Lost in the Movies: The X-Files - "Lazarus" (season 1, episode 15)

The X-Files - "Lazarus" (season 1, episode 15)

Welcome to my viewing diary for The X-Files. Every day, except Saturday, I will offer a short review of another episode until I finish the first season. Future entries will cover the remaining seasons, breaking to review the feature films where chronologically appropriate, and eventually reach the recent miniseries. I have seen very few X-Files episodes, though I was utterly fascinated with the concept as a child, so for the most part this will be a first-timer's perspective. There will be NO spoilers.

Story (aired on February 4, 1994/written by Alex Gansa & Howard Gordon, directed by David Nutter): Scully takes a break from paranormal phenomena (she thinks) to help her one-time instructor/lover, Agent Jack Willis (Christopher Allport) catch a couple crooks he's been chasing for over a year. As Lula Phillips (Cec Verrell) waits in the getaway van, Warren Dupre (Jason Schombing) races into a bank. When confronted, he shoots Willis and is shot by Scully, who accompanies both men to the hospital. Warren is allowed to die while Scully forces the medics to defibrillate Willis repeatedly until he finally revives. What she doesn't notice is that, with each jolt, Warren's body shudders across the room. Somehow, Warren's consciousness has been transferred into Willis, who acts the part of FBI agent until a raid leads him and Scully back to Lula. At that point, the concealed criminal convinces his wife that he's the same guy (in a new form), and they take Scully hostage while bartering for a ransom from the FBI. Scully fights to deprogram Warren by reminding Willis - whom she correctly believes is still buried inside his own flesh - of their shared memories. Lula, meanwhile, has her own plans. She was the one who tipped the Feds off about the bank robbery, and she's been trying to rid herself of Warren for a while. Ultimately, he kills her before dying in a diabetic coma (not knowing Willis' condition, Warren drank several sodas until it was too late). Scully, studying a wristwatch that stopped at the time Willis was declared dead, is left to wonder how much of the man she knew was left inside this superficially similar vehicle.

My Response:
As I've previously noted, sometimes Mulder and Scully are subjects as well as investigators in a given episode, and sometimes someone else is the star. (Occasionally, as with the Scully-centric yet Brad Dourif-dominated "Beyond the Sea," an episode can pull off both at once.) "Lazarus" is largely an example of that latter case, with Allport licking his lips and committing to the dual role of Agent Jack Willis and the Warren-possessed body of Willis. That said, this isn't as pure an example of the agents-as-supporting-characters genre as, say, "Shadows" or "Eve." Scully's previous relationship with Willis gives her a personal stake in the narrative - as does, of course, her position as hostage during the latter half. Like "Beyond the Sea" (albeit to a much lesser degree), "Lazarus" offers Scully some much-needed character development after lavishing most of the backstory on Mulder for half the season. Anderson herself really holds this one together - I'm not sure the writing alone would deliver the goods. Compared to Mulder's Phoebe Greene romance in "Fire," the Willis/Scully fling seems slightly underdeveloped although Scully's commitment to rescuing Willis is sold by the performance (the brief flash of a wintry image or two, conveying a trip they once took, is effective if sparse).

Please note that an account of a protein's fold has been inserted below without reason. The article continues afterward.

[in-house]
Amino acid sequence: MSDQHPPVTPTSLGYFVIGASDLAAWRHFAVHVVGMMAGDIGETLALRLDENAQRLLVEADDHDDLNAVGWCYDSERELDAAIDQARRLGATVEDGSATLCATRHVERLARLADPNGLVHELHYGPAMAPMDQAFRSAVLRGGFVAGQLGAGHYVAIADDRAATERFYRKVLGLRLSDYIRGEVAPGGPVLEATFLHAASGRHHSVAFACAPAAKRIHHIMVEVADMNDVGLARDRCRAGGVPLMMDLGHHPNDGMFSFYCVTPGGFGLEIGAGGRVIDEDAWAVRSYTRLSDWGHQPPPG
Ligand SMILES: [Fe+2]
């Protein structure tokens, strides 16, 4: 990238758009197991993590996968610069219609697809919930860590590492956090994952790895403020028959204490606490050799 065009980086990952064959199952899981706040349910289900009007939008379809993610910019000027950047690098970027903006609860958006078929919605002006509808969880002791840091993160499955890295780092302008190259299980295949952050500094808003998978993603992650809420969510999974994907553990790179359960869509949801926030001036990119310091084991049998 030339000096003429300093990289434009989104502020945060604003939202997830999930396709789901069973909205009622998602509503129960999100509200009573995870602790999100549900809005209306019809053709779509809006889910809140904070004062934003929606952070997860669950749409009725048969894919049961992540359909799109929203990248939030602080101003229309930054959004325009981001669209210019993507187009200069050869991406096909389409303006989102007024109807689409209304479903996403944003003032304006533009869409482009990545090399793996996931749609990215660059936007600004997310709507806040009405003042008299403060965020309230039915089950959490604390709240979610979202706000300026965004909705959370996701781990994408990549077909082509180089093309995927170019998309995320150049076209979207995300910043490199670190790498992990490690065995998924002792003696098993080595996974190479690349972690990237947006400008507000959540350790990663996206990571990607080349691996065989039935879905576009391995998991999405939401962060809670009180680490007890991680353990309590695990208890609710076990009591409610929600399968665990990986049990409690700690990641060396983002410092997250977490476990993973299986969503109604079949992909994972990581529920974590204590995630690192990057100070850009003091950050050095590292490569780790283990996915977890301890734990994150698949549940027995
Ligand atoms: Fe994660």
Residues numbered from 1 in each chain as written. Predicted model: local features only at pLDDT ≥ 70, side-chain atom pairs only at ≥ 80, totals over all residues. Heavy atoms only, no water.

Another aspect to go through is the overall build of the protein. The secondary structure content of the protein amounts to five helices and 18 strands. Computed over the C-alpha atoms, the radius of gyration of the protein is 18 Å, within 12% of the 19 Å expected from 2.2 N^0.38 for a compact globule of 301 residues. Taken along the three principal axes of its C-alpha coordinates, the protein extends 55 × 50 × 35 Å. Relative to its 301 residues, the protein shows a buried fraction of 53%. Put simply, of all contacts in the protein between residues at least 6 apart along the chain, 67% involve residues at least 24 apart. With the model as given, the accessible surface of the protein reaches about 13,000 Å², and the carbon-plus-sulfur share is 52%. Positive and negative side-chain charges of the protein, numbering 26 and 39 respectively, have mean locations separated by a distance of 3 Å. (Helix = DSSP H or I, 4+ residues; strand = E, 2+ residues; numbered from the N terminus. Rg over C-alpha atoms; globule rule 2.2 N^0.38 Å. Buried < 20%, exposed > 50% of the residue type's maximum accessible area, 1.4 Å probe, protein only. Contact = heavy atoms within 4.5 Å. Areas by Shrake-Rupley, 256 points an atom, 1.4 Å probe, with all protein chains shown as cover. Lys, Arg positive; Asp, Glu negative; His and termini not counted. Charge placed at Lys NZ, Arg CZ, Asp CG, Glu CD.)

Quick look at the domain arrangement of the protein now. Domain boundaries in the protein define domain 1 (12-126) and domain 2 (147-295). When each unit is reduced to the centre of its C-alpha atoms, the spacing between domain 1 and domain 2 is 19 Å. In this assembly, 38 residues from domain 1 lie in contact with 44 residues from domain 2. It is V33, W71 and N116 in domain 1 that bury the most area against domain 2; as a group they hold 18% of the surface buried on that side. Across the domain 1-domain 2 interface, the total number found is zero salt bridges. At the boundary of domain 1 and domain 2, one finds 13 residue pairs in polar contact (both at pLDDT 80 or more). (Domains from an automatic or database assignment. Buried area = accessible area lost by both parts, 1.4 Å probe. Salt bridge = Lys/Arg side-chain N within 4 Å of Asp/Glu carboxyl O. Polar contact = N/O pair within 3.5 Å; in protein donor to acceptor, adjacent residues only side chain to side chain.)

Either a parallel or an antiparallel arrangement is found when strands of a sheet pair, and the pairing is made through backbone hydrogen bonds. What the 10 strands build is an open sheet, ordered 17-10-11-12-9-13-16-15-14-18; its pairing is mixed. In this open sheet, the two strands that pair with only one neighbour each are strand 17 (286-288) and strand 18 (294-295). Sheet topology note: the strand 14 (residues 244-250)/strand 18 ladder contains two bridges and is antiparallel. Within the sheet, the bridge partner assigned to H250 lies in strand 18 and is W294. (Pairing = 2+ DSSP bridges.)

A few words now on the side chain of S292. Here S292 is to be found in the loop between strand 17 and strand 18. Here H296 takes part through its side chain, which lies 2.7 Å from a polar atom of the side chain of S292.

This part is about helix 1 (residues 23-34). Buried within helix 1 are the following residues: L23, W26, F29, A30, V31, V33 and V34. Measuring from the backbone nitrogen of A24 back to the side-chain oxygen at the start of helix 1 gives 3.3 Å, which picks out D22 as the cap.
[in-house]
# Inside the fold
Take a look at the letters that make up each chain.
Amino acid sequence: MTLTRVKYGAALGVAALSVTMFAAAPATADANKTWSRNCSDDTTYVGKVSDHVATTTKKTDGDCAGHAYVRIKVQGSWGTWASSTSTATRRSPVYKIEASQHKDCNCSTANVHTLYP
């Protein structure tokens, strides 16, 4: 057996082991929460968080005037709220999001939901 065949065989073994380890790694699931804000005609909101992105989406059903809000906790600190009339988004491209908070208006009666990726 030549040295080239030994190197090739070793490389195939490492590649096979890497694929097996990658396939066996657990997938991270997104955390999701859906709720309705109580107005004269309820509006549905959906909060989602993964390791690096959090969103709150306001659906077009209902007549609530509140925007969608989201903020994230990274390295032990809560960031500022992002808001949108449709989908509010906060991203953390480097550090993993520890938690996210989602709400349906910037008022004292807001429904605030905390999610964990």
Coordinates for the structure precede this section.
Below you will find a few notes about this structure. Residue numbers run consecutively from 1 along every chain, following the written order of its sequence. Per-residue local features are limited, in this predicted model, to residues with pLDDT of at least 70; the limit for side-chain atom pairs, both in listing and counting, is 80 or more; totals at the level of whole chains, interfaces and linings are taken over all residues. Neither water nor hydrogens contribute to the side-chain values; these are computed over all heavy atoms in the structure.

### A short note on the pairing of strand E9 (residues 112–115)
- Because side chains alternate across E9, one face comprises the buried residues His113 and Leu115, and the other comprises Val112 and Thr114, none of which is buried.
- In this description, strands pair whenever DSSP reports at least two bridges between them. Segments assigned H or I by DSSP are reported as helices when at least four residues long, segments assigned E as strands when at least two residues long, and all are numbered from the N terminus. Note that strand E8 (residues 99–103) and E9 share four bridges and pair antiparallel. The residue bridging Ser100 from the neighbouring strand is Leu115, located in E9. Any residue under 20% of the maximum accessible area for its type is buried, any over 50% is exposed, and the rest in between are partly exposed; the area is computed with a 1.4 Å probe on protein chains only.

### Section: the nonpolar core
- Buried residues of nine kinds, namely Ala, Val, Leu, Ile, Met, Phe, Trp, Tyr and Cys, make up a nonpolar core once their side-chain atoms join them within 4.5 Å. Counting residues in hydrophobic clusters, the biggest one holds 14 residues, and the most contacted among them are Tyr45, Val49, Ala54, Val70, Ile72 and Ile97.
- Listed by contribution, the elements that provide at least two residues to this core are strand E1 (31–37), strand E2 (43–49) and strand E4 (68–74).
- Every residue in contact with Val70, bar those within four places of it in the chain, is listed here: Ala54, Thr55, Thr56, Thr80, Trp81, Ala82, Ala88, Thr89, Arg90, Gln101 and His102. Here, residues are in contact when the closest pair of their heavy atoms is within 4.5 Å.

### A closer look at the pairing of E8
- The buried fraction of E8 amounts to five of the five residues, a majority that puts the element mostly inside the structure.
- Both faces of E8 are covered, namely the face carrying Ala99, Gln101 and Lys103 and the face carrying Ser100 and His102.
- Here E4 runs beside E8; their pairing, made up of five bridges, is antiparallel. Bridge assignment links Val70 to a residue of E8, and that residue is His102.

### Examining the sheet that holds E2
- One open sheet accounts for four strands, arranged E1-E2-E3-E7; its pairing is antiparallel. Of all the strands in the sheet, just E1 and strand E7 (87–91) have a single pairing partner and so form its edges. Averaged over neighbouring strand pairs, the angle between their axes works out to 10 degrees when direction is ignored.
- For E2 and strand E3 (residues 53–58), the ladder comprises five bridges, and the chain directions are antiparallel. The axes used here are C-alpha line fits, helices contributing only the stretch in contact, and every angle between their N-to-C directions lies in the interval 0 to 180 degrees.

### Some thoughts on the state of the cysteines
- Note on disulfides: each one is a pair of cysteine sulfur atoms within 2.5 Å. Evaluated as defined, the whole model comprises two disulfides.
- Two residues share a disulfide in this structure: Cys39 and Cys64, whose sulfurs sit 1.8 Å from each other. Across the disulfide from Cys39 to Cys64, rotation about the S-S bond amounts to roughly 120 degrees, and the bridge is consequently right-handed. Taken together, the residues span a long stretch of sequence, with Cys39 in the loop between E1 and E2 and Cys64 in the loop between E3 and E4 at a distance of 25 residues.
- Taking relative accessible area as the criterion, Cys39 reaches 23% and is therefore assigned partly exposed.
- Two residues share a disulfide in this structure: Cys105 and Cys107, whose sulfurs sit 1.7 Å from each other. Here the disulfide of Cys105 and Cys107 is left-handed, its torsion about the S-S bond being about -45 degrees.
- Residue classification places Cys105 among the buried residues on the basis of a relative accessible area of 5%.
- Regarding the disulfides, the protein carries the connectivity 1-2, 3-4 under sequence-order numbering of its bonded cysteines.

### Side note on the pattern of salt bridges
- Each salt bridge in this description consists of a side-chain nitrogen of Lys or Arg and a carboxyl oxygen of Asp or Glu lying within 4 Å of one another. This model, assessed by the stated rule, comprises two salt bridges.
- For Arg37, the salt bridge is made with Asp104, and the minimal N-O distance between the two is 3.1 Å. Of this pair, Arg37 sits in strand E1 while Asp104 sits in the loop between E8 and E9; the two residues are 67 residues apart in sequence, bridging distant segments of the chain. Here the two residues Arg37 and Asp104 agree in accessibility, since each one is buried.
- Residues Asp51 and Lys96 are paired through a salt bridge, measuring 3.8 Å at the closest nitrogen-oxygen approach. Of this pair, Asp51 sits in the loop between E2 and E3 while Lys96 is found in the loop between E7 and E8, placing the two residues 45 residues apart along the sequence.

There are additional ways to delinate X-Files stories, as one of my commentators, Geoff, noted under a recent viewing diary: "People say there are two kinds of X-Files story but I think it's more like four, with some overlap: the UFO/conspiracy mythology episodes, the famous Monster-of-the-Week stories, and then there are stories like this ["Beyond the Sea"], where a conventional (if macabre) crime is presented and there's some sort of supernatural key to unlocking the mystery." (He's mum on the fourth category, as I haven't reached it yet, and I'm accordingly intrigued.) This is definitely an example of that third category, with quite a lot of cop-show tropes in play: half of a romantic outlaw couple actually being a traitorous femme fatale, an anxious law enforcement official trying to remain professional as he rescues his partner from danger, the tech department tracing a location thanks to a noisy airplane route, and a savvy hostage attempting to sway one of the kidnappers to do the right thing. The supernatural twist - however slight in the overall plot construction - brings a tremendous amount of thematic heft, and is genuinely compelling. It helps that the "Willis" who holds Scully hostage isn't simply Warren - he also contains traces of the FBI agent Scully once loved. In its best moments, this isn't simply a body-switching conceit but a war between two souls trapped inside the same being. The ambiguity is summed up best by Mulder in the closing minutes when he tells Scully (about the stopped watch), "It means whatever you want it to mean."

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